Happy New Year New Zealand, you're the first to see in 2016.
The countdowns are over, the fireworks exhausted but the party is sure to be ramping up across the nation.
Auckland's sky was lit up last night with half a tonne of fireworks, blasted from the Sky Tower to mark the New Year.
The five-minute, 360-degree display was beamed around the world, as hordes of people gathered below to see the spectacle.
Prior to the big countdown, a band entertained the crowd, performing Pharrell's hit song Happy, an apt song to match the mood of the inner city which was full of revellers, couples, families and flocks of kids on scooters all mixed up together.
In parts of the SkyCity complex, crowds were almost too thick to walk through and vendors on the sidelines hawked glowing headwear and light sabres.
There was plenty of traffic chaos and beeping horns as cars attempted to head into the city and enthusiastic punters spilled on to the road.
Cheers started spontaneously erupting as midnight drew closer, culminating in a boisterous countdown from 10 and the first bursts of fireworks.
As the fireworks shot into the air, they were nearly out-dazzled by the lights of hundreds of phones being held in the air to photograph them. Friends and families hugged and it looked like a fair few people got the famous New Year's kiss.
Celebrations were also in full swing across the rest of the country last night, with few incidents or issues reported.
Popular party spots including the Coromandel, Raglan and Gisborne where the annual Rhythm and Vines music festival was in full swing, emergency services reported a "smooth" and even "quiet" night.
One man was injured after he was thrown from his vehicle in a crash on the Northern Motorway, another four were taken to hospital after a two-car crash in Ahipara, Northland and a man was airlifted to hospital after a single-car crash near Feilding.
Other than a fire at Coopers Beach, reportedly started by someone setting off flares, the Fire Service was not overrun with call-outs.
Police, while not responding to significant chaos, did carry out hundreds of hotel and bar visits across the country, checking managers were complying with alcohol laws.
In the hours before the clock struck midnight revellers gathered to get ready for the start of 2016.
Newly honoured Richie McCaw ONZ was photographed with a beer in hand relaxing in the sun in a deckchair near a lake with girlfriend Gemma Flynn and three mates. New Year's Eve also marked the retired All Black captain's 35th birthday.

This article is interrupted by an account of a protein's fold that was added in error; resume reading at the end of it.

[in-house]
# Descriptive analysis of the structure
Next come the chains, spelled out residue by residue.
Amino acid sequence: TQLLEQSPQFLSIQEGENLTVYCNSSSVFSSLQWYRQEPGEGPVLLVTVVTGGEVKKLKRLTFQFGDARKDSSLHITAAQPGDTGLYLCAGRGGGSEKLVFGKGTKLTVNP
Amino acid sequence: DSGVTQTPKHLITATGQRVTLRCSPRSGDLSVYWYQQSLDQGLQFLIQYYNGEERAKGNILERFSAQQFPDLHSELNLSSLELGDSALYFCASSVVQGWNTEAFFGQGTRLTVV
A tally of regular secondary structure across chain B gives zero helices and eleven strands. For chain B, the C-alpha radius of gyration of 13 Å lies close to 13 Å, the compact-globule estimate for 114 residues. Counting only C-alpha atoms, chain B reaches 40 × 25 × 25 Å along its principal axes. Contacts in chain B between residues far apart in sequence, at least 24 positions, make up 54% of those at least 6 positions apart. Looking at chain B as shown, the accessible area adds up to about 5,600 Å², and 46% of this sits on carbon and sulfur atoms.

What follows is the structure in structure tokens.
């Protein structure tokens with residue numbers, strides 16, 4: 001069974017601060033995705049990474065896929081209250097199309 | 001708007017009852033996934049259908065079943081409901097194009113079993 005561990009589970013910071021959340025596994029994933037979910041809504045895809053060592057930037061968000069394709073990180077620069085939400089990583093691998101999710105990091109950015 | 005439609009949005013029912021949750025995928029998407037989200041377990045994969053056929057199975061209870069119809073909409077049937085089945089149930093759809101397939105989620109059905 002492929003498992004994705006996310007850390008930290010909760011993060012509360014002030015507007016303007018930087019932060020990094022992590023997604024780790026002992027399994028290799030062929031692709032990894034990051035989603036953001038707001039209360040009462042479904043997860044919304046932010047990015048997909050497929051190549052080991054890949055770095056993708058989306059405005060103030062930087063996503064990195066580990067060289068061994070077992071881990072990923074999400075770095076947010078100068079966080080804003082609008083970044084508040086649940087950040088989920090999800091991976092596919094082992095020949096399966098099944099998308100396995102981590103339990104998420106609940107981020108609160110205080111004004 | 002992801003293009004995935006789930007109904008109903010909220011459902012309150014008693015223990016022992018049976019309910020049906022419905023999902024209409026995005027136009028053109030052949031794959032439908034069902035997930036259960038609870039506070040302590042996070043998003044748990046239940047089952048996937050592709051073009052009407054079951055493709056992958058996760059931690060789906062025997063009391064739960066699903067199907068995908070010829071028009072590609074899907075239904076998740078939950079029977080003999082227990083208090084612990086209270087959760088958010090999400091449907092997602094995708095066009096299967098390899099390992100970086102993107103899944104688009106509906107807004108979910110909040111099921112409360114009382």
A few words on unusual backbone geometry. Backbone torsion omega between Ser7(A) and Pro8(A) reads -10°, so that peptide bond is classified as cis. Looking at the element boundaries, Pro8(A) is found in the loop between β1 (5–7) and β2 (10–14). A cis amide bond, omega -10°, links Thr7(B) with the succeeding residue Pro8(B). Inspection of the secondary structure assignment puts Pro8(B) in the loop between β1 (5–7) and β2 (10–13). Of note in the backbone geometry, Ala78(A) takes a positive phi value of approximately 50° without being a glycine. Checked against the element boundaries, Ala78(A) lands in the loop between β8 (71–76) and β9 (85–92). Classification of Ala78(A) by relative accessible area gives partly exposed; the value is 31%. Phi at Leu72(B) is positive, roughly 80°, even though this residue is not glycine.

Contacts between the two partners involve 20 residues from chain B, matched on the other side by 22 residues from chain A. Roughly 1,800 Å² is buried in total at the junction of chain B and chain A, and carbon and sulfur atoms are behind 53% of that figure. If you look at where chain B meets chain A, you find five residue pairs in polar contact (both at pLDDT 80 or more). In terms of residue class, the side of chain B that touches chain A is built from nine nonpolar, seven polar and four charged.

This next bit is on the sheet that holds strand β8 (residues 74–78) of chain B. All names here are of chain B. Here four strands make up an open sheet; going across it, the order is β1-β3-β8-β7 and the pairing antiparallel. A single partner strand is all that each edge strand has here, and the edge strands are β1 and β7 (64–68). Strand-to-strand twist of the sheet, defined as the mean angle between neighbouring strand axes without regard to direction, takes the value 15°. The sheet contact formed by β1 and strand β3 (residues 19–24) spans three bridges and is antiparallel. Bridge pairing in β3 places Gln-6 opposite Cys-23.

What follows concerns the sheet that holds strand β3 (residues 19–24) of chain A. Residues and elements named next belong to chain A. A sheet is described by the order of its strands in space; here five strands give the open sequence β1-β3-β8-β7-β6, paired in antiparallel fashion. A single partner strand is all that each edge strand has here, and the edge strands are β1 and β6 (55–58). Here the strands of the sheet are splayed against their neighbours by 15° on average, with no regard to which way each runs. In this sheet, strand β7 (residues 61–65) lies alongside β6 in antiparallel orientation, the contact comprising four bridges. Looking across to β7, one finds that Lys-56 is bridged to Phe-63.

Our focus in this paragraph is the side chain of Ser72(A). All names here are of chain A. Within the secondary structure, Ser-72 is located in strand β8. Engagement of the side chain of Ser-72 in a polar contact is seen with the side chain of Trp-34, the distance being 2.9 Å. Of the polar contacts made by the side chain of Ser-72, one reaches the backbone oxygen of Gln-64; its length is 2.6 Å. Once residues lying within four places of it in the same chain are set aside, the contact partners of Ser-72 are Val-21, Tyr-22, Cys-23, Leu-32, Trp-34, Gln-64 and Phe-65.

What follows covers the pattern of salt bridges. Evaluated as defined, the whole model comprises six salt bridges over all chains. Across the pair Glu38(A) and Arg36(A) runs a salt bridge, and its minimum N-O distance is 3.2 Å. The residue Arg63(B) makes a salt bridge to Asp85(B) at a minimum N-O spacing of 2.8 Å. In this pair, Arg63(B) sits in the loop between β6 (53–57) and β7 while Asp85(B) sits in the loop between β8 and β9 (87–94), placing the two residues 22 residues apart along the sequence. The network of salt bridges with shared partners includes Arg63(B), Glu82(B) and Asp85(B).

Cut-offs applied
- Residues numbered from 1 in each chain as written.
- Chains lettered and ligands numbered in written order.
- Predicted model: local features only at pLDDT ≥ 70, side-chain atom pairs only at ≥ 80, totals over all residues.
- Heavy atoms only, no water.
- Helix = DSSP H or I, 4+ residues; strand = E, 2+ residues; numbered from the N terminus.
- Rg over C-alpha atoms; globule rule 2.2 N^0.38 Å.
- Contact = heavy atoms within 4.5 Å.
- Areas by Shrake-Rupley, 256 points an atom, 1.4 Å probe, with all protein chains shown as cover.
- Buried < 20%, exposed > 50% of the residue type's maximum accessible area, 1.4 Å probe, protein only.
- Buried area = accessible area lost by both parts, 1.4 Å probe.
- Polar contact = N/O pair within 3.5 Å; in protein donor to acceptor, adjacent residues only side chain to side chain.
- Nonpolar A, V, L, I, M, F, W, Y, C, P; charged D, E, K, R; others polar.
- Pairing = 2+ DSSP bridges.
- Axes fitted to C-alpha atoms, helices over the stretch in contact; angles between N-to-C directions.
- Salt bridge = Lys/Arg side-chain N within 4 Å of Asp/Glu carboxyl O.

Holiday parks at popular beach spots were full to the brim as people settled in to their camp sites and cabins for the night.
In the Bay of Plenty, Mt Maunganui switched into New Year's Eve mode early, with main streets being closed mid-afternoon and police setting up a checkpoint along one of the main routes into the holiday hotspot.
Thousands of people packed Marine Parade and Main Beach, where a heavy turnout of police and security guards enforced a strict liquor ban.
Later in the night, hundreds of young people danced on the sand at the iHeartRadio Beach Stage.
While the Herald observed some visibly intoxicated revellers being assisted by police - including one unconscious young man slumped against a wall - a nearby treatment station manned by ambulance staff appeared mostly unused in the lead-up to the midnight countdown.
Shortly before midnight, a police spokeswoman said while officers had to deal with "pockets of short-lived disorder", there had been no significant incidents to mar the night.
Nearby in Tauranga hundreds of families headed to a spectacular harbourside fireworks display.
A flood of police on Gisborne streets appeared to quell any drunken New Year's Eve mayhem.
Police were eager to prevent a repeat of last year, when 63 people were arrested and 83 injured in rioting across two campgrounds associated with the Rhythm and Vines festival.
NZME reporter Gia Garrick, who is at the three-day music festival, said there are police officers everywhere.
"Everyone they've talked to has said they wouldn't even dare drink and drive, they wouldn't dare get on the roads.
"There have been police stops everywhere we look in Gisborne central as well."
More than 1000 people showed up to welcome in the New Year at the Glo Party at the Village Green in Rotorua.
Tonight's Rhythm and Vines crowd showed a marked improvement in behaviour compared to last year, police said.
There were only four arrests at the popular music festival - three for disorder and one for assault.
The arrest numbers were low considering the high levels of drunkenness of many people camping at the festival, police said.
Campsites adjoining the site were independent from the festival. As levels of intoxication rose throughout the day, dozens of people were turned away from the festival as a result.
Tairawhiti Area Commander Inspector Sam Aberahama said the festival site was licensed, which meant alcohol was being sold from bars and serves were monitored.
"There was a distinct difference in the levels of intoxication in the campsites and on the festival site.
"We have always opposed BYO at events and this has not changed our stance," Mr Aberahama said.
By 10pm Wellington's entertainment strip was getting busier with Courtenay Place and Cuba St humming after a slow start to the night.
On the waterfront, just after 9pm, with natural light still lingering over the city, a mini-fireworks display was held for the young ones not able to see in 2016.
The capital city put on a glorious summer's day to farewell 2015 in style and on a mild night, hundreds, maybe thousands, made their way to the seaside for fireworks at midnight.